On June 12, 2013, the U.S. Securities & Exchange Commission announced its second-ever whistleblower award under the Dodd-Frank Wall Street Reform and Consumer Protection Act (“Dodd-Frank”). Having received over 3,000 whistleblower tips in the first year of the revamped program, the SEC made its first whistleblower award in August of 2012 and is expected to issue an increasing number of awards in the coming months.
Among other things, Dodd-Frank provides a direct mechanism for whistleblower complaints to the SEC and enhanced protection for eligible whistleblowers who come forward and cooperate in SEC investigations and proceedings involving the corporation that employs them. Dodd-Frank also authorized the SEC to provide incentives in the form of financial awards to eligible whistleblowers who voluntarily provide the SEC with original information about a violation of federal securities laws that leads to successful enforcement proceedings — 10 to 30 percent for penalties collected over $1 million. Particularly in light of the recent awards and the expected uptick in the coming months, companies that fail to take appropriate steps to respond to the increased risks associated with the program could pay a steep price.
The Second Wave of Rewards
Earlier this month, the SEC announced that it will present Dodd-Frank whistleblower awards to three individuals. Without naming the whistleblowers, the SEC announced that these three individuals will receive 5 percent of any sanctions the SEC will collect from its enforcement action against Locust Offshore Management LLC and its CEO Andrey C. Hicks, which is currently pending in Massachusetts federal court.
The SEC indicated that two of the whistleblowers provided the information that triggered the investigation, while the third provided confirmatory evidence. The actual amount each whistleblower will receive is unclear. While it has not yet collected any of the $7.5 million judgment in the Locust case, the SEC has indicated that the whistleblowers may apply for an allocation from the $800,000 collected by the Department of Justice in the companion criminal case.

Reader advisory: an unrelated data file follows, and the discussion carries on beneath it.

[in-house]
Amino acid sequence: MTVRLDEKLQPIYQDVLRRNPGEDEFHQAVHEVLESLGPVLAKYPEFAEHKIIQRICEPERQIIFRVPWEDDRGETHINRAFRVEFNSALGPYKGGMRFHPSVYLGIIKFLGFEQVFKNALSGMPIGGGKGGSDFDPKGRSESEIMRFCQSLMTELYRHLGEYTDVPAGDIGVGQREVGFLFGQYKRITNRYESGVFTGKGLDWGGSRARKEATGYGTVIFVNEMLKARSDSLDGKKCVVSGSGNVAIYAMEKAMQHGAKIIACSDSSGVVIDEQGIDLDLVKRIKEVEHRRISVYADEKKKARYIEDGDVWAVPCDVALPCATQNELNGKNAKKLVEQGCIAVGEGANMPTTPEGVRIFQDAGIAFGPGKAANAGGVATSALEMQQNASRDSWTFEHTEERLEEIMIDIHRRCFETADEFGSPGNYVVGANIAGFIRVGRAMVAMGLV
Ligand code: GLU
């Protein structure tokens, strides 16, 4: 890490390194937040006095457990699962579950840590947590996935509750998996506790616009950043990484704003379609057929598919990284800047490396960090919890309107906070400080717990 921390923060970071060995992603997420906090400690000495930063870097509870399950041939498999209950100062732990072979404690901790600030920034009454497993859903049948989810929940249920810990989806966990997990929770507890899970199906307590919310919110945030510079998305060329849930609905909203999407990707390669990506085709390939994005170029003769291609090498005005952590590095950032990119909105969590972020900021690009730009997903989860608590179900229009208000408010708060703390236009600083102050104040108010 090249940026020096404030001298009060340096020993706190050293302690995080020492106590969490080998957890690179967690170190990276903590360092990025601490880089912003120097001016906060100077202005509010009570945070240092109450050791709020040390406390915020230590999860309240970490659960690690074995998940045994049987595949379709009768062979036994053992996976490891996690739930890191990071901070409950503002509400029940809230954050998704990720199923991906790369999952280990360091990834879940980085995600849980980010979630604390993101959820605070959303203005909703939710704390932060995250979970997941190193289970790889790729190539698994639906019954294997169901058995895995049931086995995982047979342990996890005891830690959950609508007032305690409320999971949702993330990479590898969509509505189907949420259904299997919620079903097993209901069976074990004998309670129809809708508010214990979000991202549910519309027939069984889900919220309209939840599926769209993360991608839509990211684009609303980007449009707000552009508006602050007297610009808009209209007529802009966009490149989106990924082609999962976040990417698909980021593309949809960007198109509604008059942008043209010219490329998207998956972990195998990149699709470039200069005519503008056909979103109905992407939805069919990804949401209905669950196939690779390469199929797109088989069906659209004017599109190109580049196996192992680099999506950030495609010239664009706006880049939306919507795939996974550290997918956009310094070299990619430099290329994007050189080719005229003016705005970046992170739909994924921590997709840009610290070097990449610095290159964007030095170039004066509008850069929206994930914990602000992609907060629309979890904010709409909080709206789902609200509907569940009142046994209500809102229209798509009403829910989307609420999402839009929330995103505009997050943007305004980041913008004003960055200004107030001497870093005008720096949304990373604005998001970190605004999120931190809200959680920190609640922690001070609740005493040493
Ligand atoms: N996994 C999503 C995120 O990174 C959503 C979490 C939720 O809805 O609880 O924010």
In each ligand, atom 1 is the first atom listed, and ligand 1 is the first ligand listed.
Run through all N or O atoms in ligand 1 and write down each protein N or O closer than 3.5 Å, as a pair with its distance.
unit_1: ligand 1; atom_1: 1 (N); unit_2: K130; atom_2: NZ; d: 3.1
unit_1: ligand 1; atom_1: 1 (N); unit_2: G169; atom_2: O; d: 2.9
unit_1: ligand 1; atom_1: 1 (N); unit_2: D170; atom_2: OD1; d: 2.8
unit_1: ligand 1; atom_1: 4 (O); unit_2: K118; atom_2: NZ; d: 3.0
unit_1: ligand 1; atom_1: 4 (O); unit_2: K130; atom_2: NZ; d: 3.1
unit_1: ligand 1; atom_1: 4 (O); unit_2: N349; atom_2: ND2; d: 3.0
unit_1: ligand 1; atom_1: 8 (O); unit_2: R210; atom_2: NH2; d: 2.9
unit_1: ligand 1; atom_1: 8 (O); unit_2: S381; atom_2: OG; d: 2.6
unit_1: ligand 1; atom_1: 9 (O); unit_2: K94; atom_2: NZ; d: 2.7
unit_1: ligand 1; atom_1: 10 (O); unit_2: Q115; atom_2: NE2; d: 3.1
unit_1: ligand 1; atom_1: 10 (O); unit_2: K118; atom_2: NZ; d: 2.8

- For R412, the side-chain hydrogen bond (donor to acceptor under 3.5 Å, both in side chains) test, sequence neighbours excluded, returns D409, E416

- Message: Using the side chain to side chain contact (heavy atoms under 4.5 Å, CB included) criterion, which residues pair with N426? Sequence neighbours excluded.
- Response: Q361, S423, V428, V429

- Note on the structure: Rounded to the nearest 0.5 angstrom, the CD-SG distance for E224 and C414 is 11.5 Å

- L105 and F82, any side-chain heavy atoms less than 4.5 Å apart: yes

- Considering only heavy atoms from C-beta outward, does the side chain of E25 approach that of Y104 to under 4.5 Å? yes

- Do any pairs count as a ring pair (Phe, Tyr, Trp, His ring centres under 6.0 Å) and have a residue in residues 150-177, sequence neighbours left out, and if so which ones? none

Recent comments made by SEC staff suggest that these three awards are just the first of many to come. Stephen Cohen, Associate Director of the SEC’s Division of Enforcement, recently commented on the future of whistleblower program at a Corporate Crime Reporter conference. Mr. Cohen indicated that the program will produce “incredibly impactful cases” including some with “some extremely significant whistleblower awards.” Mr. Cohen went on to add, “[t]here will be a likely change in the discussion about the magnitude of some of these awards over the next six to twelve months.”
The Whistleblower Pipeline
The comments noted above are not surprising given the results discussed in the SEC’s Annual Report on the Dodd-Frank Whistleblower Program for fiscal year 2012, which was released in November 2012. In the report, the SEC stated that it had received 3,001 whistleblower tips for the fiscal year ending on September 30, 2012.
As was the case in 2011, the year the program was launched, the largest four categories of whistleblower tips involved allegations related to corporate disclosure and financials, offering fraud, manipulation and insider trading. The remaining tips involved a wide variety of other allegations, including FCPA violations, trading and pricing violations, unregistered offerings, and municipal securities and public pension violations.